July 24, 2019

A New Cancer Drug, Thanks to a New Approach

The newest cancer treatment on the market owes something to one of the earliest advocates for modern science. In his work Novum Organum, which is widely credited with introducing the scientific method, Francis Bacon wrote of the need for creative thinking to achieve anything new, saying that it would be a […]
July 24, 2019

Diabetic Wound Care: New Discovery Points Toward Possible Treatment for Non-Healing Wounds

For the average person, getting a cut or scrape on the foot may not be cause for immediate concern. However, for people with type 2 diabetes, these wounds can be life-threatening. According to a 2016 study, one-third of the cost of type 2 diabetes treatment is related to non-healing diabetic foot wounds […]
July 24, 2019

Keeping livestock in the yard just might help your baby’s immune system

Getting up close – and a little dirty – with farm animals just might help us fend off illness, say researchers who’ve further demonstrated the benefits of early exposure to a wide variety of environmental bacteria. Scientists from The Ohio State University found that bacteria and other microbes from rural […]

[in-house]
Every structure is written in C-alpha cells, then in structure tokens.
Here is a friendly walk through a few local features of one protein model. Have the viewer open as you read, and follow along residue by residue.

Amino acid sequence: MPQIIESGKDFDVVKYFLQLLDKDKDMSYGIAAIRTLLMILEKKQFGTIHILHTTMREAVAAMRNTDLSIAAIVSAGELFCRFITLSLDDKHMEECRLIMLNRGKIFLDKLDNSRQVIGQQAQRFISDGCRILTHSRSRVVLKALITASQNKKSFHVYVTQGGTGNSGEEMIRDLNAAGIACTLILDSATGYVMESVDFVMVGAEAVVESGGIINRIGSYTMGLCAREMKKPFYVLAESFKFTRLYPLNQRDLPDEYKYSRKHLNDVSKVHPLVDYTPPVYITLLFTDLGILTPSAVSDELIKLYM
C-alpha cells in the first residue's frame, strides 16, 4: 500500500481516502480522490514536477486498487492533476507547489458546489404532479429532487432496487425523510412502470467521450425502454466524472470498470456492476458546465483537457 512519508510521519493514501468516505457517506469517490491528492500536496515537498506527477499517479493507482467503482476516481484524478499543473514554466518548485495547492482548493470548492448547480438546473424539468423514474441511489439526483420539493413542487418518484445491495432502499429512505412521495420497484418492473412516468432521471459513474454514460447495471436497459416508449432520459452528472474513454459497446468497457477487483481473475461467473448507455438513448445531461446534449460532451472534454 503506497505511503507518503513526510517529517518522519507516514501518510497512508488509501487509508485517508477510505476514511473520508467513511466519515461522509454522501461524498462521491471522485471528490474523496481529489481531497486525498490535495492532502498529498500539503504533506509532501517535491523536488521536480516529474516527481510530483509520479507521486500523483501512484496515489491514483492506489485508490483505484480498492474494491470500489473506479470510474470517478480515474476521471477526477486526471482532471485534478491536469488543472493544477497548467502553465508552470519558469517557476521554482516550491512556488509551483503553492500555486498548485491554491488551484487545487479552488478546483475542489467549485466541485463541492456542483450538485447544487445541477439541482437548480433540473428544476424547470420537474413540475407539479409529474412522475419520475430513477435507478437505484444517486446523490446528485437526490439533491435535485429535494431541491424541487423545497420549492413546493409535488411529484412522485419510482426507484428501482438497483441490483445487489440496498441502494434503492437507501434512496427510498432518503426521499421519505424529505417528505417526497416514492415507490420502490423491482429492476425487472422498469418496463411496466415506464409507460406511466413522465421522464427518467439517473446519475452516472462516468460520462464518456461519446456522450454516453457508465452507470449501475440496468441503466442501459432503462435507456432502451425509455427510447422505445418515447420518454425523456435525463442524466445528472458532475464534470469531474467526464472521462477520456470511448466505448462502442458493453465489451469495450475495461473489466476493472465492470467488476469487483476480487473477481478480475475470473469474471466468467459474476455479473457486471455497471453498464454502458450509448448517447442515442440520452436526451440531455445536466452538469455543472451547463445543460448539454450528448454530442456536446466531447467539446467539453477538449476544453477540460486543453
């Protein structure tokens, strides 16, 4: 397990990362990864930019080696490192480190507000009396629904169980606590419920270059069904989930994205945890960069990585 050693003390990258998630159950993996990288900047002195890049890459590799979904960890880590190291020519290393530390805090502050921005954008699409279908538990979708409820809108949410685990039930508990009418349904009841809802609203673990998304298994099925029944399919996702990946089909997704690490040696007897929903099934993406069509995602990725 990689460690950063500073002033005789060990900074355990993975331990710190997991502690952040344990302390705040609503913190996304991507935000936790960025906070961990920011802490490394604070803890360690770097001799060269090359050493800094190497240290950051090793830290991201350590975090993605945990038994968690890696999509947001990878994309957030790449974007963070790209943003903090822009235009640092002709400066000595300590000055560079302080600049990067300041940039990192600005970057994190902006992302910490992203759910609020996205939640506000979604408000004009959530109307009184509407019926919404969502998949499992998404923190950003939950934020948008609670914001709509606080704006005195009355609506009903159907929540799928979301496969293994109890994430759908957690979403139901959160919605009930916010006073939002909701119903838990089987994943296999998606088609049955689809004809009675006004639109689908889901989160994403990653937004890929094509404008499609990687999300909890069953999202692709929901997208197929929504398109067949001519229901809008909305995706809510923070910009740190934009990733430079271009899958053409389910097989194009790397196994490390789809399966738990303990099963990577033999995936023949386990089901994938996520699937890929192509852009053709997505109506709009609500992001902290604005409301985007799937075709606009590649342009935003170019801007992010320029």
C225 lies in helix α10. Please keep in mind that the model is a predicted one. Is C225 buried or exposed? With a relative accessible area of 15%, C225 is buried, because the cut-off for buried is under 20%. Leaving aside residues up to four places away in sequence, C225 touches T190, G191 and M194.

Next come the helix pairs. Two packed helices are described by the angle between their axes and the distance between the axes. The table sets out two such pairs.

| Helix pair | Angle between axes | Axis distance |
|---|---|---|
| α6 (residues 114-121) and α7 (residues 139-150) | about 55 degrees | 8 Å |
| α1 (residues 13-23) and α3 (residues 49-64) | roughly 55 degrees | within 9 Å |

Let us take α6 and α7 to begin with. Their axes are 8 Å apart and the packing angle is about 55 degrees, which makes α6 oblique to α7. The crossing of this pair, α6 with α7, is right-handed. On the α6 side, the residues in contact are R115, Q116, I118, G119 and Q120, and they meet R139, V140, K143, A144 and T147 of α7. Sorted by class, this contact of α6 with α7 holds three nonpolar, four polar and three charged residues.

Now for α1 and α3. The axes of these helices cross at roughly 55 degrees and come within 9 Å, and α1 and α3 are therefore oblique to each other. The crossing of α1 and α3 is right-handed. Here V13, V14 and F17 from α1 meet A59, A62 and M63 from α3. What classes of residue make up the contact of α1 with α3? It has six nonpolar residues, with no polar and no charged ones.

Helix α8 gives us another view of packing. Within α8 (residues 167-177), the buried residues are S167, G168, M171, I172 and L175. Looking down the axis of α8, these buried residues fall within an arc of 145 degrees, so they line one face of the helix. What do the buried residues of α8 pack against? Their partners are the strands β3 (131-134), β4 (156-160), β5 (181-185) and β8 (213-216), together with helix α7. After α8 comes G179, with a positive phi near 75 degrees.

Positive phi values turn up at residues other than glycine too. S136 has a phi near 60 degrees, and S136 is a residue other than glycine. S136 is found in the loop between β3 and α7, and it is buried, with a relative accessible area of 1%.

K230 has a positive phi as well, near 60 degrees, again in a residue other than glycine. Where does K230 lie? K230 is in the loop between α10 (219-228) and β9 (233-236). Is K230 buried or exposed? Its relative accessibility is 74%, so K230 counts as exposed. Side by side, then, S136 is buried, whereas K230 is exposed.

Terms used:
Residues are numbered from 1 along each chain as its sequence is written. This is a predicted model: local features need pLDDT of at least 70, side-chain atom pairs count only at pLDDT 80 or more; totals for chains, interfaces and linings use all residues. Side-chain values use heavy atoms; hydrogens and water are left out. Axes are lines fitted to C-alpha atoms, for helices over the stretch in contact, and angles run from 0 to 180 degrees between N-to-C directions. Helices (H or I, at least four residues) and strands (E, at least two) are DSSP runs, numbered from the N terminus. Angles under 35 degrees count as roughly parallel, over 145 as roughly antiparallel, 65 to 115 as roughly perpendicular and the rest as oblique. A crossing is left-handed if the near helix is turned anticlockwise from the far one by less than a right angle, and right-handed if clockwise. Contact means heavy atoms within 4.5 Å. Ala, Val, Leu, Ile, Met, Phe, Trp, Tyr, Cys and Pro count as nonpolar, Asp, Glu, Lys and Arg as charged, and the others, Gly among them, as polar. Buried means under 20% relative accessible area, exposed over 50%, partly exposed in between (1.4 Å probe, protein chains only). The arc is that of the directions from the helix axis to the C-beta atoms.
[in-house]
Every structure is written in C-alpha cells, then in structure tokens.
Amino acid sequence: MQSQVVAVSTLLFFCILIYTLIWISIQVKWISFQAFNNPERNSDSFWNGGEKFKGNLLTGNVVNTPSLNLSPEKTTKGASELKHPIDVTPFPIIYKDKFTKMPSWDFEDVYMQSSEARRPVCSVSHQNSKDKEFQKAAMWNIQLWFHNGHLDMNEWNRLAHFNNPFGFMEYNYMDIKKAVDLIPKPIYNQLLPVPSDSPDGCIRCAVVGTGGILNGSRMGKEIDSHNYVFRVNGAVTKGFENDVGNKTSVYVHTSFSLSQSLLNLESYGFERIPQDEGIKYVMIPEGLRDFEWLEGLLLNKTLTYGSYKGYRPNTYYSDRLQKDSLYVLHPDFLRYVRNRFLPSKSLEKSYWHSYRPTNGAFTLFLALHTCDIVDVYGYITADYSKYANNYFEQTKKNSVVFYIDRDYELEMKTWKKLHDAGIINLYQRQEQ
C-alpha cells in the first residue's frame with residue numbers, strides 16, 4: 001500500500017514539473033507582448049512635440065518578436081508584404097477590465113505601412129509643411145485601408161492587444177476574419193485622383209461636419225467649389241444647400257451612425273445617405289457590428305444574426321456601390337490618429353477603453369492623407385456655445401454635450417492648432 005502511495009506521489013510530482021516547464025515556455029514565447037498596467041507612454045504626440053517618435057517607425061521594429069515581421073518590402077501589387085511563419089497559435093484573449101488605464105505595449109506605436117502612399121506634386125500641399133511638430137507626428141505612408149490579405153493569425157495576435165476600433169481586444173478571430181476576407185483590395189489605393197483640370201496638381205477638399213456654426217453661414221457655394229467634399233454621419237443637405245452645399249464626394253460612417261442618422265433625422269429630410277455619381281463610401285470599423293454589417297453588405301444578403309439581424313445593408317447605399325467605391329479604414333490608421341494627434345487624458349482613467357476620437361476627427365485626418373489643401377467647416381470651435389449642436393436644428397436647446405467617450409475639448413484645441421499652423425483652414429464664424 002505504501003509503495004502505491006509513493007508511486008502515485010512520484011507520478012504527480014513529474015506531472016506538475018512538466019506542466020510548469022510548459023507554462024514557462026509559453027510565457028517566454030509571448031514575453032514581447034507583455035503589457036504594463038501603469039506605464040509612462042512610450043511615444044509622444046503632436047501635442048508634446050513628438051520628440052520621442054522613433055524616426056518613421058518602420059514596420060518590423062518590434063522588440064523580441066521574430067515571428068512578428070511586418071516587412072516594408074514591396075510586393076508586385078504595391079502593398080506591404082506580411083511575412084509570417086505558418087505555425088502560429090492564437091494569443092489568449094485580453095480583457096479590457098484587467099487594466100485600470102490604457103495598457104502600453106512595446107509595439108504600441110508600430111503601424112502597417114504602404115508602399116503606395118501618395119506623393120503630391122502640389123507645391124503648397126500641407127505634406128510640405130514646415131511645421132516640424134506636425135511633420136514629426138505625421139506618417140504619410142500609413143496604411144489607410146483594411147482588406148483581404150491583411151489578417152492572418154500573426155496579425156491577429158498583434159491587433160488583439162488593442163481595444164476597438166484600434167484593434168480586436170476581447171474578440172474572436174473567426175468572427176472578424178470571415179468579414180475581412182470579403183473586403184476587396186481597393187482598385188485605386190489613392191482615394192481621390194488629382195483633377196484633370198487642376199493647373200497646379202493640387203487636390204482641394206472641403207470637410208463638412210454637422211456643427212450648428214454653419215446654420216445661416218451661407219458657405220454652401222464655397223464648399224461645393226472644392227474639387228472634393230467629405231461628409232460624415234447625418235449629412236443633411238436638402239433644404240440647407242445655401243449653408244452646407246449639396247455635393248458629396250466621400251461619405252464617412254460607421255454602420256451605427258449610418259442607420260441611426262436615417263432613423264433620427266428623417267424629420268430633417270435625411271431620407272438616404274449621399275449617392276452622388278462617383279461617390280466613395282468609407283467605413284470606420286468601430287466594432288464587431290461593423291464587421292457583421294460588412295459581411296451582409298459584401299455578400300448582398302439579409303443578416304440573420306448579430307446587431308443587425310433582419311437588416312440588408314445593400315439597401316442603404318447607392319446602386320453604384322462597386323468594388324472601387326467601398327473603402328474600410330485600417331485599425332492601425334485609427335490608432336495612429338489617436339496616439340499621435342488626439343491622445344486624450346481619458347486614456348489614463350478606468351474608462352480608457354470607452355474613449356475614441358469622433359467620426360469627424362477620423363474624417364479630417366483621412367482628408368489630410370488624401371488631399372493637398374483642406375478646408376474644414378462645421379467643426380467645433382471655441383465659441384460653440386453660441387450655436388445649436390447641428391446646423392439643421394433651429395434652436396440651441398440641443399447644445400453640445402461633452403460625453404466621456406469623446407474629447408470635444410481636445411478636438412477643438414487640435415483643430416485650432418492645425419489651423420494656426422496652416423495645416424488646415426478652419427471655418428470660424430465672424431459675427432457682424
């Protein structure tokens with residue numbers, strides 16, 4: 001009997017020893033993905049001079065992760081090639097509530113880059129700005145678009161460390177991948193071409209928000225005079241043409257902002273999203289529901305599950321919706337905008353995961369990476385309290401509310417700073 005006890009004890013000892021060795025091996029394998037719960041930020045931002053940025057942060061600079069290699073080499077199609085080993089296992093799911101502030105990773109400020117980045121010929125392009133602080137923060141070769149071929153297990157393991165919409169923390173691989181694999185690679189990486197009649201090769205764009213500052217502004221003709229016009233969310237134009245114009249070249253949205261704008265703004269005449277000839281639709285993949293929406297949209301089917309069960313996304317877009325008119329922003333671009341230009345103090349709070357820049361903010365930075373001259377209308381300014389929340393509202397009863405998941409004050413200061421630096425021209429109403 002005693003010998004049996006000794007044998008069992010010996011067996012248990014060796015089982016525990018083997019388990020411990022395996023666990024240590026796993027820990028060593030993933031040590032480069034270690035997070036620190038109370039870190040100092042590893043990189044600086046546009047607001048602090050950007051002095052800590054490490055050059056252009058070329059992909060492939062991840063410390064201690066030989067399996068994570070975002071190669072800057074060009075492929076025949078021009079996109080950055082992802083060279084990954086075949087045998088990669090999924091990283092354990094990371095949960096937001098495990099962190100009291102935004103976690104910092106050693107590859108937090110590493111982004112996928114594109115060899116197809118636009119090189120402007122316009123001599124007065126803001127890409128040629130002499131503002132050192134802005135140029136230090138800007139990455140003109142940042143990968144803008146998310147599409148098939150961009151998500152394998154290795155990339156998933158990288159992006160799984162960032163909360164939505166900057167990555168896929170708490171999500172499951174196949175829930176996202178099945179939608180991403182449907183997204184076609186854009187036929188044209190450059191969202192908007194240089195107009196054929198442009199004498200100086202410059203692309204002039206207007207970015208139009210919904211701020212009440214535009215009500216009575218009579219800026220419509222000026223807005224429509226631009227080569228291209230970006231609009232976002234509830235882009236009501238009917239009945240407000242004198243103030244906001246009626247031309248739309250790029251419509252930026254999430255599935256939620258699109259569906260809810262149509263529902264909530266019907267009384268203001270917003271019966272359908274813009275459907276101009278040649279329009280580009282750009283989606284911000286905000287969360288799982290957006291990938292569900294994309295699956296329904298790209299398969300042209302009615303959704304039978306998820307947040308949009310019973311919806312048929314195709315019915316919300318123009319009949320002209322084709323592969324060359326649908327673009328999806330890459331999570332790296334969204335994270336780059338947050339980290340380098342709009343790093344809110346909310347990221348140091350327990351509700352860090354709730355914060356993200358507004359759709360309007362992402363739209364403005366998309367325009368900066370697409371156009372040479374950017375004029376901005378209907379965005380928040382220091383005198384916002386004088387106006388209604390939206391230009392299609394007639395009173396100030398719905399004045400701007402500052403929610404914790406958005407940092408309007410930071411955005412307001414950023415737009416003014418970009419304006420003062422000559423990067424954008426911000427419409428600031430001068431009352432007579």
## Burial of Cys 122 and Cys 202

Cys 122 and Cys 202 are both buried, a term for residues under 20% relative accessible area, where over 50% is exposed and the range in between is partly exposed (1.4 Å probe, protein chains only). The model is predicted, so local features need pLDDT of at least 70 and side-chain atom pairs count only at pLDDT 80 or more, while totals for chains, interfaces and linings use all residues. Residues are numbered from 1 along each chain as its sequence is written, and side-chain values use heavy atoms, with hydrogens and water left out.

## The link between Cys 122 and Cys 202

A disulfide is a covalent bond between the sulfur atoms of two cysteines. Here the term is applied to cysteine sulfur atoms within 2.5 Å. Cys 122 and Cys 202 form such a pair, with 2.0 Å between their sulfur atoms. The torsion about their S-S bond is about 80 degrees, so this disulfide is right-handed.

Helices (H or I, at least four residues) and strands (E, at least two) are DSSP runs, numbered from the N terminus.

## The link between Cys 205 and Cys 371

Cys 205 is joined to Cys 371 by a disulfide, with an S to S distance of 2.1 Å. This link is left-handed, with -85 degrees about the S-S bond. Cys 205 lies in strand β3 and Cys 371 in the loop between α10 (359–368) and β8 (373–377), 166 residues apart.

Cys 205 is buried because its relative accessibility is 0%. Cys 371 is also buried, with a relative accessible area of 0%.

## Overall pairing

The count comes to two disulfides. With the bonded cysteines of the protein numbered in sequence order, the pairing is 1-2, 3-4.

July 24, 2019

Study: Fat Cells Play Key Role in Dangerous Transformation of Melanoma

Researchers at Tel Aviv University, led by Prof. Carmit Levy and Dr. Tamar Golan of the Department of Human Genetics and Biochemistry at TAU's Sackler School of Medicine, have discovered that fat cells are involved in the transformation that melanoma cells undergo from cancer cells of limited growth in the epidermis to lethal metastatic cells attacking patients' […]
July 23, 2019

New approach to reducing damage after a heart attack

During the emergency procedure used to reopen the blocked artery causing a heart attack, smaller “micro” blood vessels can remain constricted causing significant damage. A new study led by Associate Professor Neil Herring and published in the European Heart Journal has established a key cause behind this constriction and identified […]